How Ideas Become Contagious Online
Hivemind author Sarah Rose Cavanagh argues that humans swarm in sync and change course en masse
Sarah Rose Cavanagh doesn’t see the impact of social media as all good or all bad — instead, the psychologist calls herself a “techno-pragmatist.” In her new book Hivemind: The New Science of Tribalism in Our Divided World, Cavanagh looks at the way humans behave as a “hive” — specifically, how we influence each other to reach common goals. She draws from psychology, philosophy, and neuroscience, all in an effort to understand how our hive operates in real and virtual worlds.
Cavanagh argues that, like bees, humans swarm in sync and change course en masse. She points to the legalization of marijuana, or support for gay marriage, as examples of those tipping points. Public support was “slowly building, but then seemed to, all of a sudden, flip,” she tells OneZero. “It’s about having enough of the hive take a stance.” In Hivemind, Cavanagh explores how public sentiment shifts, and eventually transforms into action.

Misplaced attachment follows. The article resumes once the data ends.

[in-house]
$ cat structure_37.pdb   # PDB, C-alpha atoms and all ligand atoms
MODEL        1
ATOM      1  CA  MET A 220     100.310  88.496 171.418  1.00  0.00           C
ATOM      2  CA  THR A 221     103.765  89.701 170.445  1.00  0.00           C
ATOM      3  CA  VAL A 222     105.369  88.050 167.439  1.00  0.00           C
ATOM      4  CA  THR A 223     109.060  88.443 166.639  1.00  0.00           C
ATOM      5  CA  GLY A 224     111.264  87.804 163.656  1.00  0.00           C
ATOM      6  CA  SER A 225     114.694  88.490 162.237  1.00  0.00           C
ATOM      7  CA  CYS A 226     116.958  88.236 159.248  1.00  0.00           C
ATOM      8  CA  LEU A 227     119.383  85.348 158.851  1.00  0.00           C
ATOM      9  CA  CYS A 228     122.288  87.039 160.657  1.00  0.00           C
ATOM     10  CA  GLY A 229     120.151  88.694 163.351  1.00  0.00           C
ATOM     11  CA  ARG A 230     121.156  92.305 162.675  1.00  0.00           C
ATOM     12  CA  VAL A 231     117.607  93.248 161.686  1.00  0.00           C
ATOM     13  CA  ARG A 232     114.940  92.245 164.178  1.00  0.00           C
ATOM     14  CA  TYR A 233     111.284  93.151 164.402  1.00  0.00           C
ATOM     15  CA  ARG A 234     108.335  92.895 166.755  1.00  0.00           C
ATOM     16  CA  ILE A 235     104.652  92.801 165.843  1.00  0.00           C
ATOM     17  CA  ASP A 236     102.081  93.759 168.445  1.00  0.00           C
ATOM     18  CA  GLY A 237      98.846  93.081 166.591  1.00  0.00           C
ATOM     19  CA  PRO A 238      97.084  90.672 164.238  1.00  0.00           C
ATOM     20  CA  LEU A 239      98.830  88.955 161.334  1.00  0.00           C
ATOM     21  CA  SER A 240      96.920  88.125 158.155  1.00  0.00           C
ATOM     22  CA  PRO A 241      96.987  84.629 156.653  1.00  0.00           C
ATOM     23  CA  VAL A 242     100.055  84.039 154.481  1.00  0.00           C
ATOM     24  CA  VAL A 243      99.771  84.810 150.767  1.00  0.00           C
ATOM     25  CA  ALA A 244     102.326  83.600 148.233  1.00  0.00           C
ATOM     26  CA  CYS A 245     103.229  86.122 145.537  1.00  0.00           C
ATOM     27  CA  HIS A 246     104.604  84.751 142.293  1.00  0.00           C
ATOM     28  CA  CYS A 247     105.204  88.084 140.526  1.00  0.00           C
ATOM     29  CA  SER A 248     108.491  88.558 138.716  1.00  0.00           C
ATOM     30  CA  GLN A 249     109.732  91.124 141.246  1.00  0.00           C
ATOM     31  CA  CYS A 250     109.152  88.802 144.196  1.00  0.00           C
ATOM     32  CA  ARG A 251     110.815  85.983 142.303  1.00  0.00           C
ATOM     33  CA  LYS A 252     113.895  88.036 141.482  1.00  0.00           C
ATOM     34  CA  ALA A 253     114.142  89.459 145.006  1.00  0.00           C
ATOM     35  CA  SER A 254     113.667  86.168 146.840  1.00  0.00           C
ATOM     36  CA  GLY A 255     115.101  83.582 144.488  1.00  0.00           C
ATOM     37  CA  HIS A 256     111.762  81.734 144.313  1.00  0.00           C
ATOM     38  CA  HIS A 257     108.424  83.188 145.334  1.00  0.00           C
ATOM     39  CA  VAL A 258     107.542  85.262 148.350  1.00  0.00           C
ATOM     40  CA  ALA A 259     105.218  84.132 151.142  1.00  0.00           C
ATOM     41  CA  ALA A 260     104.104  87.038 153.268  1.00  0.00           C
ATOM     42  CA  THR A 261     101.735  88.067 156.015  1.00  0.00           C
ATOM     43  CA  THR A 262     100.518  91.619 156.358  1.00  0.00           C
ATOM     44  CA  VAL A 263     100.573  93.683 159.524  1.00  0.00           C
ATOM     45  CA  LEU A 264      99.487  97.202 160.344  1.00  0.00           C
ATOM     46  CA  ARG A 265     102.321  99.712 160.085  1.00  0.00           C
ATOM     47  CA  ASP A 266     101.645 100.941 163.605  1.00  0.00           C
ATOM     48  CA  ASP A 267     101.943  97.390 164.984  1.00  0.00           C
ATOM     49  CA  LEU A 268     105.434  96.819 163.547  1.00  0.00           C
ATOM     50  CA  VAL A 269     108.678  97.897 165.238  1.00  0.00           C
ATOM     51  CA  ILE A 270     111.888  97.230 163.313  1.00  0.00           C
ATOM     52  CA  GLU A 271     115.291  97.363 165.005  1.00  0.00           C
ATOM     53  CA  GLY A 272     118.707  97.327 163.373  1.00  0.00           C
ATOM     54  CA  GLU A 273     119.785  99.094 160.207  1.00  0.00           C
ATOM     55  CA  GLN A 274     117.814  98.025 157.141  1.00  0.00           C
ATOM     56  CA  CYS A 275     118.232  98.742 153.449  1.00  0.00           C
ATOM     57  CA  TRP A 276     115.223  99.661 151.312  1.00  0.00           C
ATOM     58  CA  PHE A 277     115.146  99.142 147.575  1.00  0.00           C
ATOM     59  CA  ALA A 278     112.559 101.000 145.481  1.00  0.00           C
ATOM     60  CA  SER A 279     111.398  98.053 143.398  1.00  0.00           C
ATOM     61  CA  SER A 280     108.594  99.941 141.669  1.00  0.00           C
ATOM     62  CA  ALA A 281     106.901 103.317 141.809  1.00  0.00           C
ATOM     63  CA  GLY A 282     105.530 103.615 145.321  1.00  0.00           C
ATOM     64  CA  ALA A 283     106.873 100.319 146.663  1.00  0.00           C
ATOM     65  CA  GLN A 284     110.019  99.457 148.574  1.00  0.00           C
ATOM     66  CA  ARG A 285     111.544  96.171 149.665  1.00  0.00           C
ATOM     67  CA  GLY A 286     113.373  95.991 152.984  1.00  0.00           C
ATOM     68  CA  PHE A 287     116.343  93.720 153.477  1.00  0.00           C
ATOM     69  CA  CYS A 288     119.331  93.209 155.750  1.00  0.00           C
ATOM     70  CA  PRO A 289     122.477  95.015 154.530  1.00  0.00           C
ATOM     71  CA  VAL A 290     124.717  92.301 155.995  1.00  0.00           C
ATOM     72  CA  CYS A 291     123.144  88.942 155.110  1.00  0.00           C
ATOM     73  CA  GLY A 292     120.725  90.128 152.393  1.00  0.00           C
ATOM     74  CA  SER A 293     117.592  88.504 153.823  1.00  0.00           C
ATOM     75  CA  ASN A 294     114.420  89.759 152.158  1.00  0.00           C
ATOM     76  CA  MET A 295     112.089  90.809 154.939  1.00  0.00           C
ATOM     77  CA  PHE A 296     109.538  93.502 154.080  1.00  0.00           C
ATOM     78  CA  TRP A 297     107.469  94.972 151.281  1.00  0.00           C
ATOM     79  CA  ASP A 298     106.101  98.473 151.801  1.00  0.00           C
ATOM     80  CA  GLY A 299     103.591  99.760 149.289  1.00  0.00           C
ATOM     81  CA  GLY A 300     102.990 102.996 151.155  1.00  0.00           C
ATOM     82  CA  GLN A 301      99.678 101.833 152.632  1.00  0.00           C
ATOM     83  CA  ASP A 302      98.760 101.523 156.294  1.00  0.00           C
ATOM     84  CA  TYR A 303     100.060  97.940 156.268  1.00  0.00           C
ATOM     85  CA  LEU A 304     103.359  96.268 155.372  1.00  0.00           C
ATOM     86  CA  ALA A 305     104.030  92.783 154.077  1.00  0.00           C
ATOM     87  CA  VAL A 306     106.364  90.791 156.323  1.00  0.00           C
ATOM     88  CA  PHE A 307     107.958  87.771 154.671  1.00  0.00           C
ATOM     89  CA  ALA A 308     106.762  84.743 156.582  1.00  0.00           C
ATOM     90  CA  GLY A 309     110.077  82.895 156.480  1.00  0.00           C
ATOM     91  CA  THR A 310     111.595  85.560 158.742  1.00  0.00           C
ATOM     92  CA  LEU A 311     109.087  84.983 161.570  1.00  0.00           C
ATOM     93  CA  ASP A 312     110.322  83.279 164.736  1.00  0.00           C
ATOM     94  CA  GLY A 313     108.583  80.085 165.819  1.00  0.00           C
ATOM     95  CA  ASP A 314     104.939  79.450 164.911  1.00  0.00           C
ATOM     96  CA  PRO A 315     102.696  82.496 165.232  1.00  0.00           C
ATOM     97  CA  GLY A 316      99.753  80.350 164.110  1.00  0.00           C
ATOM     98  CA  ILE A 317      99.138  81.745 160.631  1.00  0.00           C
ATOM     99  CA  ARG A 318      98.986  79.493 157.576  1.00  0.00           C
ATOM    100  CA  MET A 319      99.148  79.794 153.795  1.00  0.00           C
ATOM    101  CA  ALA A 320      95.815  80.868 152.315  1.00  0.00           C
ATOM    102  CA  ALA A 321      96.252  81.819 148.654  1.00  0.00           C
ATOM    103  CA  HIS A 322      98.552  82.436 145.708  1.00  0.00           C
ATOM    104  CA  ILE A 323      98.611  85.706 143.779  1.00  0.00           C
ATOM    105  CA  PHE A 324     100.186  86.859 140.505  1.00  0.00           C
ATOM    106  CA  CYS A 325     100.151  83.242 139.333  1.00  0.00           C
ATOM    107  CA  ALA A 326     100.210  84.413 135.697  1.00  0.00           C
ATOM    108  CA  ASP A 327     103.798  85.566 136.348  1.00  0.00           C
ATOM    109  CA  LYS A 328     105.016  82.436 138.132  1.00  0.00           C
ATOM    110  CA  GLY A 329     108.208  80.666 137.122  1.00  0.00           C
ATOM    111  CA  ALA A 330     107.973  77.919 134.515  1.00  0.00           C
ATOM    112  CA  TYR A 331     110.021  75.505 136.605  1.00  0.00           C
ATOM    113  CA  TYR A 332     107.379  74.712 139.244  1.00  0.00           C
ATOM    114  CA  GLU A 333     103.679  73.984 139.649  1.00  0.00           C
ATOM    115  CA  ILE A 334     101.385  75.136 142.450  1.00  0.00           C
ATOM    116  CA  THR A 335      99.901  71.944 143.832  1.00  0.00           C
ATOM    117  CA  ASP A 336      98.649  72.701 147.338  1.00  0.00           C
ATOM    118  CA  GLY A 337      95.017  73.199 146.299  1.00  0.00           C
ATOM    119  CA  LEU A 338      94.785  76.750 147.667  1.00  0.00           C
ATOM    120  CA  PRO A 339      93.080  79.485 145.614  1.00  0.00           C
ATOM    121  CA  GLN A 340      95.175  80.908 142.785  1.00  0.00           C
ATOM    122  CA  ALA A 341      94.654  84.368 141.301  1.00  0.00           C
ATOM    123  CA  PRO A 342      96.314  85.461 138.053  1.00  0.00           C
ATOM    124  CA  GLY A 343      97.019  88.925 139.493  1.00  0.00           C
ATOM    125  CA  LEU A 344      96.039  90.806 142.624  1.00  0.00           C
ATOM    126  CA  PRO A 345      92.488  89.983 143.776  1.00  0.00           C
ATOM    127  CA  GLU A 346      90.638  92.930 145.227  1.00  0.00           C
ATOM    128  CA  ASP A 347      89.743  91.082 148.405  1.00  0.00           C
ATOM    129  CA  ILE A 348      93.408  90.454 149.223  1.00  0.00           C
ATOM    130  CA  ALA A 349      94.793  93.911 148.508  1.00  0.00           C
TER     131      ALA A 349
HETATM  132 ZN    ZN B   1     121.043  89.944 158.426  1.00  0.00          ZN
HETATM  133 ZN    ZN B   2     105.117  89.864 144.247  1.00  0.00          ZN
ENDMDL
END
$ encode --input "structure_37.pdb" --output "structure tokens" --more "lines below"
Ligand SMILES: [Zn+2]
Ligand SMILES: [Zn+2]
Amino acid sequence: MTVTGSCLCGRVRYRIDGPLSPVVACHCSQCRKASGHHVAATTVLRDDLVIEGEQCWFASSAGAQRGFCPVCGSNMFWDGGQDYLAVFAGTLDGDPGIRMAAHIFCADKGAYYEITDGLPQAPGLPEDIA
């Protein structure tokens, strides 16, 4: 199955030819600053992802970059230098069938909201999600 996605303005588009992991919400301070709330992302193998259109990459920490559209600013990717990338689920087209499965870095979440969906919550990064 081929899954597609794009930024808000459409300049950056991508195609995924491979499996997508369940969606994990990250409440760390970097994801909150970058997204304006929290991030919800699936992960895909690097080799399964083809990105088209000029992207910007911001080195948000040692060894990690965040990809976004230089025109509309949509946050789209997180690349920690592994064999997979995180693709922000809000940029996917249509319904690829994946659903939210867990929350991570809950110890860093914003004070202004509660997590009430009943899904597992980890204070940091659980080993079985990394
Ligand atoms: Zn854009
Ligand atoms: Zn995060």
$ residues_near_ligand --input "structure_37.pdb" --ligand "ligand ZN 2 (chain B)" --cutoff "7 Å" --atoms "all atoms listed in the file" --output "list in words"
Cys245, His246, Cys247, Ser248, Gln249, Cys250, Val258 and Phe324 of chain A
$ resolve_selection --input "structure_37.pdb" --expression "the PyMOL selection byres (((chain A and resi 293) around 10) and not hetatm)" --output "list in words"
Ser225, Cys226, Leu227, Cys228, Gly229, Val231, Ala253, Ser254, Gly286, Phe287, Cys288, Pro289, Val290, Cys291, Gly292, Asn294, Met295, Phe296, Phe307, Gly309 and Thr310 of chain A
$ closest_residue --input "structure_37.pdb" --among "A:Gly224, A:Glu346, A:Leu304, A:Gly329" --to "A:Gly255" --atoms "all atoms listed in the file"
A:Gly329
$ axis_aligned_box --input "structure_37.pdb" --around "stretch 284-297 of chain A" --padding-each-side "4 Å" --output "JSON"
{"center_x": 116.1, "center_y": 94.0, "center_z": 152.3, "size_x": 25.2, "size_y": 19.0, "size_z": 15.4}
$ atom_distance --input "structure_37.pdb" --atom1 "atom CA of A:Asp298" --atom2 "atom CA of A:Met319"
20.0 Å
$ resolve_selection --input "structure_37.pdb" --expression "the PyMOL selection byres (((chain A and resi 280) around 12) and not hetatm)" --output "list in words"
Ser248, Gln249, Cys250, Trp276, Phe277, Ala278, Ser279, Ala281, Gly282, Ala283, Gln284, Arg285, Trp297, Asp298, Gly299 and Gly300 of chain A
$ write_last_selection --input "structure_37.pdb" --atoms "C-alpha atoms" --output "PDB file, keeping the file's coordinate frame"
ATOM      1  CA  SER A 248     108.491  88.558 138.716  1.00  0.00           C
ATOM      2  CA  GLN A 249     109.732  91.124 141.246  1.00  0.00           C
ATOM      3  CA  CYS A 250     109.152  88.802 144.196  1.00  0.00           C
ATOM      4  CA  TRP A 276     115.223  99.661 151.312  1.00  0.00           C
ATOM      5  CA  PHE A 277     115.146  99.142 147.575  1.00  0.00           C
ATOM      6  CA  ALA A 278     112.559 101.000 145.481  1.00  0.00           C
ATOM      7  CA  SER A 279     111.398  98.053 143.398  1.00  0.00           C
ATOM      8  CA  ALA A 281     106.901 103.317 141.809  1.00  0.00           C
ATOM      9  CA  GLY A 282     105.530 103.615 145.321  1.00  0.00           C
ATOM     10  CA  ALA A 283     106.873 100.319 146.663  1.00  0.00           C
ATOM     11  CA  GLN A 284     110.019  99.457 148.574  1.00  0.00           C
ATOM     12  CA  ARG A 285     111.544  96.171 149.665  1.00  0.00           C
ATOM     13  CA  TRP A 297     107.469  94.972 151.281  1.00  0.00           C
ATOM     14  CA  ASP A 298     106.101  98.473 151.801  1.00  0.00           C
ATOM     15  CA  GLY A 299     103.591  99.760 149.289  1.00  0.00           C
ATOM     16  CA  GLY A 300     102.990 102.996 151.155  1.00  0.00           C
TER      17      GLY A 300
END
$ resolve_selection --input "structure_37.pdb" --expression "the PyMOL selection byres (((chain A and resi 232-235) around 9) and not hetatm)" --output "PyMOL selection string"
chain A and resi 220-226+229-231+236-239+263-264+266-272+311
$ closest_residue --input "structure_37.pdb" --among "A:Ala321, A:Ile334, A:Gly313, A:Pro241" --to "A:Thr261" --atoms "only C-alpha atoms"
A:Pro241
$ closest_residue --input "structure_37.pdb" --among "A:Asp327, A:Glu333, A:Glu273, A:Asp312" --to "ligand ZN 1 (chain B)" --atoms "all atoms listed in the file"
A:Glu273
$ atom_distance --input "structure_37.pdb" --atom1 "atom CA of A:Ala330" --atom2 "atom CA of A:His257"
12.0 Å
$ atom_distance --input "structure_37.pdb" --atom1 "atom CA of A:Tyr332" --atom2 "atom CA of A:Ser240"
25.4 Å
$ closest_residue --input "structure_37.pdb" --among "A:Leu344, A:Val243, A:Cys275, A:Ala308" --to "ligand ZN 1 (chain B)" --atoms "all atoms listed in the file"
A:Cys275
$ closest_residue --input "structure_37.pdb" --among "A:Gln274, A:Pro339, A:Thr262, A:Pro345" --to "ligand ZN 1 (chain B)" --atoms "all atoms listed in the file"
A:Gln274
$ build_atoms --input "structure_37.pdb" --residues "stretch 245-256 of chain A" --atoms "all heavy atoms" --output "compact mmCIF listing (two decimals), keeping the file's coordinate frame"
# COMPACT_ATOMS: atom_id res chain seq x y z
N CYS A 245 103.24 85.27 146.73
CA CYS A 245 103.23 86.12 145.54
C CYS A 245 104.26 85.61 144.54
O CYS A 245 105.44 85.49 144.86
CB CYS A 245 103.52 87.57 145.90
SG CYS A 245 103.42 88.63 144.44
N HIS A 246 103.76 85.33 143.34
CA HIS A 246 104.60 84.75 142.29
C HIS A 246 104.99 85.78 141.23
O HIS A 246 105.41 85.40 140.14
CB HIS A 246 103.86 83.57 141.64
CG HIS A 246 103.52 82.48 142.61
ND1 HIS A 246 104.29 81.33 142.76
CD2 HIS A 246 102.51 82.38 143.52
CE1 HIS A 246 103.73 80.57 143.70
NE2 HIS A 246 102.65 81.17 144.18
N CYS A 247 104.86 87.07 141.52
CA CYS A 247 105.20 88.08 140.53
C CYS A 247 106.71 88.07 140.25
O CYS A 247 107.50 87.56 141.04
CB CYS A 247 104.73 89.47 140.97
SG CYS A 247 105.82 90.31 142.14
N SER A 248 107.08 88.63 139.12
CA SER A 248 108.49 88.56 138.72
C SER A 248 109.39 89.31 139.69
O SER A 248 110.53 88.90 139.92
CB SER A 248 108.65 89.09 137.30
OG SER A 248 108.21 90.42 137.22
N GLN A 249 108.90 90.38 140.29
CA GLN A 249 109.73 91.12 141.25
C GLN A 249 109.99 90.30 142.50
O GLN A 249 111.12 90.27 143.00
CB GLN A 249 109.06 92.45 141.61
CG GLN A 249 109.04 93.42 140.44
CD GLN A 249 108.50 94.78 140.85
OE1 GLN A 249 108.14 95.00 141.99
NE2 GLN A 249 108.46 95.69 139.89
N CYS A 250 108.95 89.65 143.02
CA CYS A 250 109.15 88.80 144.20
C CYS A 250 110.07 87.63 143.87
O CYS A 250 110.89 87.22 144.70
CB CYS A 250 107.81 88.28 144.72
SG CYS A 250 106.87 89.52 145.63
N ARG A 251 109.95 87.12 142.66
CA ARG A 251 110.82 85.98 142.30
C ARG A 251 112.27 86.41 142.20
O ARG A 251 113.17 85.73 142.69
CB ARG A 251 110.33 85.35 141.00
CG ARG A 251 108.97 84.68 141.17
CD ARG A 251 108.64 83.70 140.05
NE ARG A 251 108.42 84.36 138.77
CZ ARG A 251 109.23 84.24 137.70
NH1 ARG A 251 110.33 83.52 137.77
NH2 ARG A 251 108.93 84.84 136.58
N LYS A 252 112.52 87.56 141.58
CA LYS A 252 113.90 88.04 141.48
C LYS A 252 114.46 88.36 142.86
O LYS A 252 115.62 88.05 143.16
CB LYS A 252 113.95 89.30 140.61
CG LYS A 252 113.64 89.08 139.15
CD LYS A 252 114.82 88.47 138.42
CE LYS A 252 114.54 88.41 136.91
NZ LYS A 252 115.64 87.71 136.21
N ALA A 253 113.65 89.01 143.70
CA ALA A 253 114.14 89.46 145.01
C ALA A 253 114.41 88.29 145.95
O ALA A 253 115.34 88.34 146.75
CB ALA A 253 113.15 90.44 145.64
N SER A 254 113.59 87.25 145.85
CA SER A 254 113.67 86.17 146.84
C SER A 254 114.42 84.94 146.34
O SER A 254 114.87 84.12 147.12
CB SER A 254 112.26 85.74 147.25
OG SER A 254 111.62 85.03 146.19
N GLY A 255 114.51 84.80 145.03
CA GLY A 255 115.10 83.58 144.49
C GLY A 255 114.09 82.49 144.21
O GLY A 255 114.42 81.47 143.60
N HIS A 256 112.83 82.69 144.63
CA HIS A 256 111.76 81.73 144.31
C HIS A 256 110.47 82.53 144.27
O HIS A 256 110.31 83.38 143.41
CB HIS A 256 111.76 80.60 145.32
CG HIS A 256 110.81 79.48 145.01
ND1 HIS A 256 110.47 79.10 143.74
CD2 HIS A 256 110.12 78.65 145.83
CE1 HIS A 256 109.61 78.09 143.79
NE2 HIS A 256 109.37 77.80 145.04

Cavanagh currently works as an emotion regulation researcher at Assumption College in central Massachusetts, where she explores how managing emotions in the classroom affects student performance. OneZero caught up with her to discuss the internet’s role in intensifying in-groups, how to challenge thinking in the tribe, and the way our social worlds influence our view of reality, among other subjects.
This interview has been edited and condensed for clarity.
OneZero: How do humans operate within the hive? How much autonomy do we actually have?
Sarah Rose Cavanagh: The extent to which we are both an individual and a collective species is fascinating — you can see it most easily in strong groups like cults, or sports teams, where people bond and share emotions and goals. Not only do we share our emotions, but on a basic level of mannerisms, facial expressions, and gait, we line up — especially when we have experiences where the emphasis is less on the individual. So dancing together, chanting together at sports events — you feel collective fury. It’s something psychologists call “collective effervescence.”